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Coast Guard members did nothing wrong when they conducted medical training that included dismembering a live goat, the service concluded May 1 after a yearlong investigation.
The Coast Guard came under fire from the People for the Ethical Treatment of Animals, which obtained video of a combat lifesaver class conducted at an off-base site in Virginia Beach, Va. In it, contracted instructors are seen cutting off the limbs of goats with tree trimmers, and one is seen repeatedly stabbing a goat with a scalpel. The goat’s internal organs can be seen protruding from its belly. The injuries were intended to replicate ones seen in combat, and the Coasties were tasked with treating them.
“I find that no misconduct was committed by any Coast Guard members,” said Vice Adm. Manson Brown, the deputy commander for mission support for the Coast Guard, in a memo regarding the investigation. The memo added that officials uncovered zero evidence that “personnel violated any law, regulation or standard of conduct while participating in the mandated training.”
The Coast Guard, however, plans to review its policies to make sure they are aligned with the Department of Homeland Security and Defense Department. It is also considering alternatives to reduce or eliminate the use of live animals in training.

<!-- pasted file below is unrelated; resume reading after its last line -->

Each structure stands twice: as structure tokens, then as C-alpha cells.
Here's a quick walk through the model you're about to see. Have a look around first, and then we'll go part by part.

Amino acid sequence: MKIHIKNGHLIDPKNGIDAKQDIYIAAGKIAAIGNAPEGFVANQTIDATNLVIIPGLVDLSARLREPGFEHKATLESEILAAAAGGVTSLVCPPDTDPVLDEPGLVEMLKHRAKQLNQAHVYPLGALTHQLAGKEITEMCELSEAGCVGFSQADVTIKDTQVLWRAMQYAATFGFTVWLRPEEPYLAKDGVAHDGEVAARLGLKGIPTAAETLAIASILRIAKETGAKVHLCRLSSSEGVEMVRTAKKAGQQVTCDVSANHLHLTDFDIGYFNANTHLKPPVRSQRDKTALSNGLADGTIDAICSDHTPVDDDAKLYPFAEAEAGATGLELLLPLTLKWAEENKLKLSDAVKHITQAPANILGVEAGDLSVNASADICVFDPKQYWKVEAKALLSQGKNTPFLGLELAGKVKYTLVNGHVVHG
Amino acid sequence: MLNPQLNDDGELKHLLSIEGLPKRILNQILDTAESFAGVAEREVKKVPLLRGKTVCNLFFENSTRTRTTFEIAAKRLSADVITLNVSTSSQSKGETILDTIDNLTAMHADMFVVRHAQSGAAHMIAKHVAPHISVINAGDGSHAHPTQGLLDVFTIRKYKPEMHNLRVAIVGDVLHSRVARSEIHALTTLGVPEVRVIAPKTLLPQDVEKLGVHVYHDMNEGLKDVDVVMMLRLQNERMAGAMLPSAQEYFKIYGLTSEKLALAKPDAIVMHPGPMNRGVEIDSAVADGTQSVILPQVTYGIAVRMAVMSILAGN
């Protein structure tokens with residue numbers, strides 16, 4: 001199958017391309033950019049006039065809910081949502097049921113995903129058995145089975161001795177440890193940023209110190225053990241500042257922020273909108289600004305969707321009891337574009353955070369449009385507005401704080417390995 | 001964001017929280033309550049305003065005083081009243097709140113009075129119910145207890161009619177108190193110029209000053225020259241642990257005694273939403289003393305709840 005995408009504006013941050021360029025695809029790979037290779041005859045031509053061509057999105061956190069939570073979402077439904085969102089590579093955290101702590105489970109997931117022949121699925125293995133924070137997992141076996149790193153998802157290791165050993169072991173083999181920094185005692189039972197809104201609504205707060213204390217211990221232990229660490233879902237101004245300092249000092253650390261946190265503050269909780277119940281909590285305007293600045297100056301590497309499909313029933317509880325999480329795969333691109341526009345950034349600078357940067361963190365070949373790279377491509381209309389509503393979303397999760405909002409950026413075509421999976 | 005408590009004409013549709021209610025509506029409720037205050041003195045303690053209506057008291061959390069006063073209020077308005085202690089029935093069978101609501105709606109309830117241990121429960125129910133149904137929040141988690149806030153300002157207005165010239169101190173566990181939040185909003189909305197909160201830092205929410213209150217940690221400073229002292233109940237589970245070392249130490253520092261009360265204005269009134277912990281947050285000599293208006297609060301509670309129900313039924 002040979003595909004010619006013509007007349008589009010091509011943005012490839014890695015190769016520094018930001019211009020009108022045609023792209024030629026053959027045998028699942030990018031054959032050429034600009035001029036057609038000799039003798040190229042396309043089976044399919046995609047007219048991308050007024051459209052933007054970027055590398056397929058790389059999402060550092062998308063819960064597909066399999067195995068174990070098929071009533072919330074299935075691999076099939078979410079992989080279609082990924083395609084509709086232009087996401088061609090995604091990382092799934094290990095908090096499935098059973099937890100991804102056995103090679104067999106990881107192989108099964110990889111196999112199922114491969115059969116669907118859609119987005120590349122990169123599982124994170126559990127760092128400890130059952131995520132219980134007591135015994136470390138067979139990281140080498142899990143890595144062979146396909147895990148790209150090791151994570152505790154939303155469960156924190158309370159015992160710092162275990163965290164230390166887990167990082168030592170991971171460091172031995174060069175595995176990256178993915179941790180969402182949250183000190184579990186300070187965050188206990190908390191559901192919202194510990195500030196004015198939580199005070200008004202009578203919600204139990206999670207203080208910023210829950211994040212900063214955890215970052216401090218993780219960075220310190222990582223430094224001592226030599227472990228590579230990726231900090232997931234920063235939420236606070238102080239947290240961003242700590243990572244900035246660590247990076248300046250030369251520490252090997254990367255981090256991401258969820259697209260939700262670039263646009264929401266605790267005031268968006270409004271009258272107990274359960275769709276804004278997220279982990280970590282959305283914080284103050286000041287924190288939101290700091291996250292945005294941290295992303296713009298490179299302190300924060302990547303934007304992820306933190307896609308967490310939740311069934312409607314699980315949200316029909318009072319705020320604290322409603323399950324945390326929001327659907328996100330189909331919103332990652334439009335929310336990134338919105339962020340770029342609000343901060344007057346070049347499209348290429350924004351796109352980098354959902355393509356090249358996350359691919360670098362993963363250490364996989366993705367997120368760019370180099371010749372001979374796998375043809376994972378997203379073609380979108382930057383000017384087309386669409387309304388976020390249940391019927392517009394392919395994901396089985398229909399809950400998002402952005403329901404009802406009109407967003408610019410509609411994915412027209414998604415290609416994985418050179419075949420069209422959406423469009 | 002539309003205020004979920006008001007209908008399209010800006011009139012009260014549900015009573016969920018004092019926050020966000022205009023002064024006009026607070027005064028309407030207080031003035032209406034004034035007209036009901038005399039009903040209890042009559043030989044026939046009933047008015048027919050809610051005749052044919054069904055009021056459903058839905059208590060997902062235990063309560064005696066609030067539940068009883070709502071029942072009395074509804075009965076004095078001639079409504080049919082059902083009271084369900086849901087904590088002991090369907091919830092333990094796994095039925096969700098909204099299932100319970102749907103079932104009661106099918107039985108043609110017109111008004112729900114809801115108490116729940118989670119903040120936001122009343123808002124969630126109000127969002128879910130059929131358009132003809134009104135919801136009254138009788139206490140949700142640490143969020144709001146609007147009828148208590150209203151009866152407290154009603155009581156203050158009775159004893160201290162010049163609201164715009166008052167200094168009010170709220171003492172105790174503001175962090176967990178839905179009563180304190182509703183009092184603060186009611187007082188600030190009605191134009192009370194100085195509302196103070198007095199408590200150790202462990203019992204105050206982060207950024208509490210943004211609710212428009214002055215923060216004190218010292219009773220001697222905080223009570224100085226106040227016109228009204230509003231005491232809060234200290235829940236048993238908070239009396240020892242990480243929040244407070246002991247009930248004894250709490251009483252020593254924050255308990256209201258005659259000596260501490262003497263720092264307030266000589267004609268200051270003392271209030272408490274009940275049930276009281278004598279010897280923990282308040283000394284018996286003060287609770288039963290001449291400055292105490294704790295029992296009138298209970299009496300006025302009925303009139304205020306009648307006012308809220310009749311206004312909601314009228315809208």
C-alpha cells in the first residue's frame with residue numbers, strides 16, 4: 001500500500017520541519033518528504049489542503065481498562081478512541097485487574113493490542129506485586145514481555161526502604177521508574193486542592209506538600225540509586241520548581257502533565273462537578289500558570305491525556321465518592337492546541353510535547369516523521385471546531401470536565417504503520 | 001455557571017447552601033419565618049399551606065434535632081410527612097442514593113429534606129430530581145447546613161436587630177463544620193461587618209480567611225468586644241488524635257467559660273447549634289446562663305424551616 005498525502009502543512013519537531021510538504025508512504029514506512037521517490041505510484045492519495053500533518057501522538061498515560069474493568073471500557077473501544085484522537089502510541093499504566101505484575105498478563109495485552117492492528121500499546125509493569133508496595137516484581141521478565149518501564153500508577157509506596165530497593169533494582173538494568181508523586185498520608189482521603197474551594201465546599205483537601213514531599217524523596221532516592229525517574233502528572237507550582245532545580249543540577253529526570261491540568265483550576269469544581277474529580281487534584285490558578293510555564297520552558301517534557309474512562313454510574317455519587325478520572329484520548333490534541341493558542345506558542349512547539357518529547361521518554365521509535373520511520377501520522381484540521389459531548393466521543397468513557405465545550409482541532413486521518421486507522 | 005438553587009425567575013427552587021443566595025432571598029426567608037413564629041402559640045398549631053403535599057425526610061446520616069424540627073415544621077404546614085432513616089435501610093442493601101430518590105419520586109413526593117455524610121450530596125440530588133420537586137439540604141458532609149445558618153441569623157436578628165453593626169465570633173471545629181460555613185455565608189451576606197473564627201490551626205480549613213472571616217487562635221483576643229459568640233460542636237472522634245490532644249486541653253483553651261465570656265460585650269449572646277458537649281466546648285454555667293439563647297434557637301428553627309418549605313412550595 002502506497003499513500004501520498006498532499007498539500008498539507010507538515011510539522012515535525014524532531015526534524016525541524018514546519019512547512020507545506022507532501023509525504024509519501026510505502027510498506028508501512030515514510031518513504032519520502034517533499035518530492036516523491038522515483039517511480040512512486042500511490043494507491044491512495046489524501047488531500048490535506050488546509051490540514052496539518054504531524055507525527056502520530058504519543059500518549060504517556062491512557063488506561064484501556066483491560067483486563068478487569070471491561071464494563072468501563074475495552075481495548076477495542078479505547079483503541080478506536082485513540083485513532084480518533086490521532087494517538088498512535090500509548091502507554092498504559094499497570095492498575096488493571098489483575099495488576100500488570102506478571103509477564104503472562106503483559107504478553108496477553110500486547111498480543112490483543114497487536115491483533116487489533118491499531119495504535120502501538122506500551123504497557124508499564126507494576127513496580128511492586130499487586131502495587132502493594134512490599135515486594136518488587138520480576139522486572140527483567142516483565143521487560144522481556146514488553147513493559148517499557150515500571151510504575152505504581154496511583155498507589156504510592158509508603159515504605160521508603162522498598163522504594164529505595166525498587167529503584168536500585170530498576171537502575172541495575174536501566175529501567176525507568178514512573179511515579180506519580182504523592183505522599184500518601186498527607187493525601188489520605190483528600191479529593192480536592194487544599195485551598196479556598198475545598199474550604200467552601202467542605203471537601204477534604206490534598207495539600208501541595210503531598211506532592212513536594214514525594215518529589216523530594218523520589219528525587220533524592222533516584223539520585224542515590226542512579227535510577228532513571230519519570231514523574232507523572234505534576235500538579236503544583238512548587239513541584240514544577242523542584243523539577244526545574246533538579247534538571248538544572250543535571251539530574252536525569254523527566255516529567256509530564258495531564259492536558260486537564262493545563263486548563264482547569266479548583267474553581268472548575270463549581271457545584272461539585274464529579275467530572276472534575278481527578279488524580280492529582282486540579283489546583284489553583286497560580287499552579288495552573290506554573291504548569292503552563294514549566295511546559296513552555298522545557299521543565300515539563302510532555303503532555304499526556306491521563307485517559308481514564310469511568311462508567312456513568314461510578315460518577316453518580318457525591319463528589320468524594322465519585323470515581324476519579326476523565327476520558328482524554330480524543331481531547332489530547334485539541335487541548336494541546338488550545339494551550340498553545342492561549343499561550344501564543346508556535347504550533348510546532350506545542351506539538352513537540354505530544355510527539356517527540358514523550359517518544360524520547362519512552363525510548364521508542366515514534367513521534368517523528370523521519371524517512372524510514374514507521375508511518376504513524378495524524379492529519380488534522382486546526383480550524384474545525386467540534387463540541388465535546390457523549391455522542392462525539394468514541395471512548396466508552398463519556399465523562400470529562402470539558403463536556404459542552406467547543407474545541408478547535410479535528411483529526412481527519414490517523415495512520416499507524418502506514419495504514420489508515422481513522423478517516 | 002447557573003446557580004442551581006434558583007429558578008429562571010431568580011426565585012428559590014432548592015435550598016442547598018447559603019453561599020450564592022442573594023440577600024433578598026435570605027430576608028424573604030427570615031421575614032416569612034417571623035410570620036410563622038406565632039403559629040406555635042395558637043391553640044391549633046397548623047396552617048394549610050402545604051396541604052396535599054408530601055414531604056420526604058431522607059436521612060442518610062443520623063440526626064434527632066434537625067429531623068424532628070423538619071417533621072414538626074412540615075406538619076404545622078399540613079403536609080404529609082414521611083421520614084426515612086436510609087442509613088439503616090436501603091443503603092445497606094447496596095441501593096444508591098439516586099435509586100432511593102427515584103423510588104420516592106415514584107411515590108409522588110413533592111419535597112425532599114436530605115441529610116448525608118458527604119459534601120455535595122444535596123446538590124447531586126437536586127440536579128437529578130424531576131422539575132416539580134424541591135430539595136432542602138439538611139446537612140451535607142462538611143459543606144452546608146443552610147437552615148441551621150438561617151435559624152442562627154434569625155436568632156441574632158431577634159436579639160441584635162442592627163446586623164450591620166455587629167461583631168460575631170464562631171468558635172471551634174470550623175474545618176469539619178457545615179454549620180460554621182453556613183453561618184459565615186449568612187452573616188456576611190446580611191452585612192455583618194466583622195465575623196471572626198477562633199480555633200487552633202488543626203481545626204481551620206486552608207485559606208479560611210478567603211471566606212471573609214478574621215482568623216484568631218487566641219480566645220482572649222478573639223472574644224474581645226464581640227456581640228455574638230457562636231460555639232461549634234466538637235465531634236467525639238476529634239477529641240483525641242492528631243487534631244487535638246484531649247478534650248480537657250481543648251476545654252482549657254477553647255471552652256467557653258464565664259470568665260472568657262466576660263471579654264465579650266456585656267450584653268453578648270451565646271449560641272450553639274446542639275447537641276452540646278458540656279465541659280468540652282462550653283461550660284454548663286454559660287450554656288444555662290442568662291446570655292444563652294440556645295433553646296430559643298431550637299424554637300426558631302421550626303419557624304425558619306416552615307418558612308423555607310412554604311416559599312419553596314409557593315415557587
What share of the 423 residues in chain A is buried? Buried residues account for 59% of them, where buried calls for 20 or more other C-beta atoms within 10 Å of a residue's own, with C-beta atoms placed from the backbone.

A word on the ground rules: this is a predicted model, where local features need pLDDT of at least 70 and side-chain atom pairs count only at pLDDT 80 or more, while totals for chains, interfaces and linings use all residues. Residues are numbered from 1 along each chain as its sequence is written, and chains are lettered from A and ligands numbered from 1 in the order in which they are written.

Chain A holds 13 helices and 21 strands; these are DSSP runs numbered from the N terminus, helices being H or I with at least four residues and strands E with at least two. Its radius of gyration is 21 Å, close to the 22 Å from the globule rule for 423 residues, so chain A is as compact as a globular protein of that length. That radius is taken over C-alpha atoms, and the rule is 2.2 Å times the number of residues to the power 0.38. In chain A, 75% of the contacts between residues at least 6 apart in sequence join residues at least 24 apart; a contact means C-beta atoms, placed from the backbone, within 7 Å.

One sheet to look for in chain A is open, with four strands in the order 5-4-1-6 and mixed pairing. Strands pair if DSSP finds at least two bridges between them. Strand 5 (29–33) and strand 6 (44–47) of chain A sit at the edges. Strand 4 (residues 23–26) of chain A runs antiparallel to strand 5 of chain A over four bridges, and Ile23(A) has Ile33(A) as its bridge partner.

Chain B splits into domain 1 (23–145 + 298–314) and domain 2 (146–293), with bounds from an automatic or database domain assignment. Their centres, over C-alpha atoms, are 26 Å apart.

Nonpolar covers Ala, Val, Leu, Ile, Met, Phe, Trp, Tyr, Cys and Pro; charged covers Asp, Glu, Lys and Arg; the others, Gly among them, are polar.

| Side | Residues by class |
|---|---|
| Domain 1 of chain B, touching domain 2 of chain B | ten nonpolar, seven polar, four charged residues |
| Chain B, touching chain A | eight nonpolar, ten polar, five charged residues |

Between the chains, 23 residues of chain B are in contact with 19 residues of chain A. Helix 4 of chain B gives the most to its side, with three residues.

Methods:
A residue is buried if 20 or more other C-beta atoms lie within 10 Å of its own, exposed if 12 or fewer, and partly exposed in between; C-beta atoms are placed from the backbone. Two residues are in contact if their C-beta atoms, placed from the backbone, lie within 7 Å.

In the video, moaning from the animals can be heard and one goat is also seen jerking its limbs, prompting PETA to say the animals were not properly anesthetized. The memo states that one instructor anesthetized the goats, but a student told investigators he did not think one person giving anesthesia was enough. The animals were killed after the training.
PETA also took issue with the attitude of some of the 32 Coasties involved in the the training. In the video some of the people in the background are heard whistling and laughing.
“That kind of behavior is callous and unprofessional,” said Justin Goodman, director of laboratory investigations for PETA.
Tier 1 Group LLC conducted the CLS course in March 2012. “Live tissue training,” in which animals are used as “patients” is required before Coasties deploy to U.S. Central Command. The memo states that 29 of the 32 Coasties in the class were preparing to deploy to Iraq.
PETA has not given up its fight and, ina letter to Coast Guard Commandant Adm. Bob Papp on May 3, called for the service to immediately end the use of live animals in CLS training.
The Department of Agriculture cited the contractor for violation of the Animal Welfare Act after reviewing the 2012 video.